With seniors in the saddle
By Iris Winston | September 2019
For retirees, the future begins now. Finally, there is time to try something totally different. And, according to many medical practitioners, learning a new skill is the most effective way to enjoy all that recently acquired leisure time, as well as being the best way to keep mind and body alert and active.
Perhaps this is the right time to study a new language or to make your musical debut on the banjo. Maybe, with more than 200 million people worldwide, you want to play duplicate bridge. Or is this the right time for such physical workouts as golf or skiing or even riding a horse?
Certainly, riding has been octogenarian John Miller’s favourite activity for the last few years.
“I felt compelled to do it,” says the Ottawa resident, who retired from a senior position with British Northern Research (the forerunner of Nortel) in 1997. “I had ridden regularly back in the 1970s but had forgotten just about everything. I had to start again from the beginning.”
A methodical man, his first steps down the riding trail were to purchase the outfit, boots and a helmet and then, he says, “I had to find a place to ride.”
After checking out various locations via the Internet, he settled on Meadowvale Farm on Corkery Road, near Carp, which offered “riding lessons for all levels and ages of riders.”
It seemed like the most interesting place,” says John, adding that he was particularly impressed by the fact that riders were taught to care for the school’s horses as well as being coached by highly trained instructors. “There are no grooms at Meadowvale. You do everything yourself. You fetch the horse. You, groom and tack him. It was just what I wanted. I’m always so glad to be here.”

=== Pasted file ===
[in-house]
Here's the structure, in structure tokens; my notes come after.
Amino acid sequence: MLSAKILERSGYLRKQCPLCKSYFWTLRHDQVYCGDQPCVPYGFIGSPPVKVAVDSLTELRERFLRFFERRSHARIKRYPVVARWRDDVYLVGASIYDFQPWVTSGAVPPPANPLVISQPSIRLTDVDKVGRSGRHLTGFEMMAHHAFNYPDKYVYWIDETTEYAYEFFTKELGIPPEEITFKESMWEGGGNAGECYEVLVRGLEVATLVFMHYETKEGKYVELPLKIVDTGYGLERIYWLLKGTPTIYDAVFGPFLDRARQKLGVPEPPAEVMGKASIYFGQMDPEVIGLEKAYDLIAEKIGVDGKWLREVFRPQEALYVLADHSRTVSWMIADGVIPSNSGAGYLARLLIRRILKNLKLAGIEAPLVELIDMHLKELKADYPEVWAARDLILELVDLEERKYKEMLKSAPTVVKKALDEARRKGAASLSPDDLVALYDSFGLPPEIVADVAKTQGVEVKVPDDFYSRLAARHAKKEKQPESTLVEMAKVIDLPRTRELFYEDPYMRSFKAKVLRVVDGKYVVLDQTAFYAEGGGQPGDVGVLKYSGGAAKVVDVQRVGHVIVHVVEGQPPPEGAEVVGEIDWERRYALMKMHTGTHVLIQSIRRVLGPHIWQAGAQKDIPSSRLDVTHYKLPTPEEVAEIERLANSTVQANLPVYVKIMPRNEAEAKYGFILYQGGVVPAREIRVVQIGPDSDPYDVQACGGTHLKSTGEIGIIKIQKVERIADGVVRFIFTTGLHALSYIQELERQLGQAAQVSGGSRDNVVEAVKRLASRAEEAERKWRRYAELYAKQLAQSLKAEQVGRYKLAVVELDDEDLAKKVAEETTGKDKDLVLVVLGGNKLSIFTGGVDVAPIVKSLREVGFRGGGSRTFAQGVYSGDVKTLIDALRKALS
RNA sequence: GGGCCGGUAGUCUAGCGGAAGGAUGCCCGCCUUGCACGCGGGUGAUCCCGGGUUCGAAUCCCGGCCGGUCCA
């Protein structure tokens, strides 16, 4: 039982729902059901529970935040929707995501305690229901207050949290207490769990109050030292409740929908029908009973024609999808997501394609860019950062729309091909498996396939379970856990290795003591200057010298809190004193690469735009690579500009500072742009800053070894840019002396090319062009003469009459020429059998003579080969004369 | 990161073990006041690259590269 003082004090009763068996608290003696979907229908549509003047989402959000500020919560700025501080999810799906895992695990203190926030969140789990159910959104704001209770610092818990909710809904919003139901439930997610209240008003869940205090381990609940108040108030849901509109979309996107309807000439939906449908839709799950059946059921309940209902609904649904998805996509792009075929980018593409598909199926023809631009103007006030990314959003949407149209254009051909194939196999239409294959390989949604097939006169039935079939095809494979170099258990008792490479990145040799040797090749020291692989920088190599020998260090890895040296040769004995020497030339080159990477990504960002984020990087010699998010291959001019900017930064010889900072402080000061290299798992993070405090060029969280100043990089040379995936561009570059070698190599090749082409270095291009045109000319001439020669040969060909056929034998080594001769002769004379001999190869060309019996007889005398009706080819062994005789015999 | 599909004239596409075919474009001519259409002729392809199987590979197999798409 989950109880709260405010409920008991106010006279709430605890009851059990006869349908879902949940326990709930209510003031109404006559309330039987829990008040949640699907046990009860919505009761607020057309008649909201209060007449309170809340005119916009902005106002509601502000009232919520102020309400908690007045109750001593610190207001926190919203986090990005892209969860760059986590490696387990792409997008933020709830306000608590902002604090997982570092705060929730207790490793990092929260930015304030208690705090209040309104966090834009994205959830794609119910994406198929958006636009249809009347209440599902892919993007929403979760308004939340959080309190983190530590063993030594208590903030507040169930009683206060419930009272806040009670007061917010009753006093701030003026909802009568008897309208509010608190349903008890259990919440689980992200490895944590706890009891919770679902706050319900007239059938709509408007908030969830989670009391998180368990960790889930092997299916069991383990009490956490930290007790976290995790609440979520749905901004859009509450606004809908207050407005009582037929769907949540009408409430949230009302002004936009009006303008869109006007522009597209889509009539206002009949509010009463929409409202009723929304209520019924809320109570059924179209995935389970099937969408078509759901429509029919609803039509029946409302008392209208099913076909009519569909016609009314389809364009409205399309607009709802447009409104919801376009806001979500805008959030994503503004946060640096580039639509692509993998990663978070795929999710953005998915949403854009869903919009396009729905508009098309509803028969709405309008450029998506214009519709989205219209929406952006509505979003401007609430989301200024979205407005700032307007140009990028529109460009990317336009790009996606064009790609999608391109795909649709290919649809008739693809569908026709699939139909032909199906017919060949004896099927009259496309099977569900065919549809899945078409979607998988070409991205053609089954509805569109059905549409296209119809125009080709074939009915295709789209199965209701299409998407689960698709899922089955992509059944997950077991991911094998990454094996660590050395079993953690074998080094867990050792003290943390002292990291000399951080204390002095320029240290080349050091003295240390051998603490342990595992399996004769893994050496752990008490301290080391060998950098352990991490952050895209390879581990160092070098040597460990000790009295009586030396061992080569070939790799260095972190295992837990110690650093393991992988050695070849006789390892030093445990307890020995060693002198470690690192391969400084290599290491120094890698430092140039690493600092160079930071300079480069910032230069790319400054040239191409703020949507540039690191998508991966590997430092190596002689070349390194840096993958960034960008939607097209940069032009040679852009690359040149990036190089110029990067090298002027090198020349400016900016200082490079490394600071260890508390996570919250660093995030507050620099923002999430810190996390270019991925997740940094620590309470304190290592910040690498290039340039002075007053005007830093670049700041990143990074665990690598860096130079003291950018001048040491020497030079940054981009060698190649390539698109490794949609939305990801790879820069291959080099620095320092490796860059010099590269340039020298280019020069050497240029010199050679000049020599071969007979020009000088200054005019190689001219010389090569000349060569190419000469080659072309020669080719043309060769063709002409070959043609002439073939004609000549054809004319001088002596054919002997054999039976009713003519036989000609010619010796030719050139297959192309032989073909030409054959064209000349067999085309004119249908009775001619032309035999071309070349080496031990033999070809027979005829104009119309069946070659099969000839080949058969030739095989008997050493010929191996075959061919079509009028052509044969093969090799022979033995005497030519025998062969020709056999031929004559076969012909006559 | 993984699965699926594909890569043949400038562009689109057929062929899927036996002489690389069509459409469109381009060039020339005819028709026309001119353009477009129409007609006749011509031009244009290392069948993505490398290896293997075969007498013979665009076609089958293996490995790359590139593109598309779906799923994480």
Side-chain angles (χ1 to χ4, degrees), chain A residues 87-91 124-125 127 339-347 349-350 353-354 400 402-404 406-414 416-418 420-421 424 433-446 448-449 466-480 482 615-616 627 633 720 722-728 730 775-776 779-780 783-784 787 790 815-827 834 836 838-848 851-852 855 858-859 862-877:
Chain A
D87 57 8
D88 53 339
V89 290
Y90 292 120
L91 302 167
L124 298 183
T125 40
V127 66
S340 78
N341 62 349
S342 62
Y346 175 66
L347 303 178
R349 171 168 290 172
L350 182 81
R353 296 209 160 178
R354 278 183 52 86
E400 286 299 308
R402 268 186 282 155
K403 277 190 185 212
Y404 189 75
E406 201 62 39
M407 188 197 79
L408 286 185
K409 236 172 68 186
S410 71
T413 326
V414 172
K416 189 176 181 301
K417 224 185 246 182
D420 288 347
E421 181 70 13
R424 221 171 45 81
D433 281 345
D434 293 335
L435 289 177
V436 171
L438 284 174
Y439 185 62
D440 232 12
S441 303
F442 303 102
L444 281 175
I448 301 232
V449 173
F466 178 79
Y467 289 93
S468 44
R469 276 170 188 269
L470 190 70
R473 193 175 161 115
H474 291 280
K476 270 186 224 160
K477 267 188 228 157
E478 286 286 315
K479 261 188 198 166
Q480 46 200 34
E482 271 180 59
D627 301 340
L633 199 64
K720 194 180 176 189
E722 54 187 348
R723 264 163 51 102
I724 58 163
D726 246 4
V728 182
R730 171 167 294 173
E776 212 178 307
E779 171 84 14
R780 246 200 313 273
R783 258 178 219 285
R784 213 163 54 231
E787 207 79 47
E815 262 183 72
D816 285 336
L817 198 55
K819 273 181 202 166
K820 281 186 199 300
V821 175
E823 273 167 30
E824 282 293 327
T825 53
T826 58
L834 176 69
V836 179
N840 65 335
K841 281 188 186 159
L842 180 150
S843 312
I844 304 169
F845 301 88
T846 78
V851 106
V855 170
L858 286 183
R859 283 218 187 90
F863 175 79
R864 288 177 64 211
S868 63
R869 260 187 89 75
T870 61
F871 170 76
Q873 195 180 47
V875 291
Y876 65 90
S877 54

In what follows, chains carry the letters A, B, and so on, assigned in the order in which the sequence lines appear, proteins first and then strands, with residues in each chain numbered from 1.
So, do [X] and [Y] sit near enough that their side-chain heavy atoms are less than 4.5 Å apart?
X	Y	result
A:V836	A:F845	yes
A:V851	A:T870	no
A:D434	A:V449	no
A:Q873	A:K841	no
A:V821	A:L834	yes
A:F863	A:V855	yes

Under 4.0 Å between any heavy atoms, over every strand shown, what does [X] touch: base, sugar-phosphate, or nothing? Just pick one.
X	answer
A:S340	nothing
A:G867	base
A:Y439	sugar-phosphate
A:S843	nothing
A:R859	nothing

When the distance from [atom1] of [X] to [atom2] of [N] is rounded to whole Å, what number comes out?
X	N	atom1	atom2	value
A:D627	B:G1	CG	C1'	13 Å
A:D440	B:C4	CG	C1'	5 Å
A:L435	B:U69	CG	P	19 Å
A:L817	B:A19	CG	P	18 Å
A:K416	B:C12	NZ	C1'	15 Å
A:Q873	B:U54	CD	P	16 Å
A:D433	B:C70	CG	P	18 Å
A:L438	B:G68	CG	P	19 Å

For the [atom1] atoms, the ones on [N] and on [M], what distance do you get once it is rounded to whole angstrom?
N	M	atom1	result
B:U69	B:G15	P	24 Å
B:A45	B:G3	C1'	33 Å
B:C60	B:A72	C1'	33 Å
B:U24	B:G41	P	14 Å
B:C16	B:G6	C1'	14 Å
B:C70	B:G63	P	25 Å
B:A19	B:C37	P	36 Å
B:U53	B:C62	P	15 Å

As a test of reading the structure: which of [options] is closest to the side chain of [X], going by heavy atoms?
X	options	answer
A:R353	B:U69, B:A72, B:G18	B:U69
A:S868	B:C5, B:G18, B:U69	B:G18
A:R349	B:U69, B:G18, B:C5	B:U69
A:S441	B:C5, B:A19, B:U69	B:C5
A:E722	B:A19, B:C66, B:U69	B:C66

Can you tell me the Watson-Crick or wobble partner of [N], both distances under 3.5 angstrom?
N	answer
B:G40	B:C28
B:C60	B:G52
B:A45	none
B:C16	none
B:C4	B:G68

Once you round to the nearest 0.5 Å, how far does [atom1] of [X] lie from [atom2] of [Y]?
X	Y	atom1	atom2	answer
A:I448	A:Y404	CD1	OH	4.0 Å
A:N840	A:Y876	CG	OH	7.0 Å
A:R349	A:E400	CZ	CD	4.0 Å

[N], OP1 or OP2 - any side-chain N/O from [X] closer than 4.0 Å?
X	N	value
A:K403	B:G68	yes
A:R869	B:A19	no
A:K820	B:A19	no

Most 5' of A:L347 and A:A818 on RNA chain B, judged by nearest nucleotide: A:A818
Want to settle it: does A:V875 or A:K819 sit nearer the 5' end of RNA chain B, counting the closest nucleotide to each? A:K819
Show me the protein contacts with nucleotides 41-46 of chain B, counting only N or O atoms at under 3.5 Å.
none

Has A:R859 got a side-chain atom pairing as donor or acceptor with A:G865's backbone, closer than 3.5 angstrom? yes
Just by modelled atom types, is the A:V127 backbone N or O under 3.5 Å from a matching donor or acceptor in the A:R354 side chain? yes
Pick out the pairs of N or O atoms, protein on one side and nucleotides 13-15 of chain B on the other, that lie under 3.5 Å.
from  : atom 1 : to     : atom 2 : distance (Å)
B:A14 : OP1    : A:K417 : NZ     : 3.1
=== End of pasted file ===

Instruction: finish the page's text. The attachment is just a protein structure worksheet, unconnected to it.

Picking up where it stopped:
Retired lawyer Maria Natziuk, a member of the seniors’ riding group at Meadowvale since 2010, has a similarly positive reaction.
“I didn’t start riding until I was 50,” she says. “I went to several places before I settled here.”
“And,” she adds, gesturing towards Equine Canada Certified Instructor Elaine Calvert, “this is the woman who has brought me the furthest.”
“I think I understand the fear factor [for seniors],” says Elaine, noting that she is in the same demographic as some of the class. “This group likes to know what might go wrong and how to manage it if something does happen.”
The main goals of the classes are to produce competent and confident recreational riders, who enjoy their time with the horses — and to ensure that the horses and their riders are compatible, explains Elaine.
And that, says Maria, is certainly the result for her. “At this stage,” she says, “you’re very aware of your own mortality, but the riding classes have done wonders for my confidence.”
For more information on Meadowvale Farm equestrian centre, visit meadowvalefarm.ca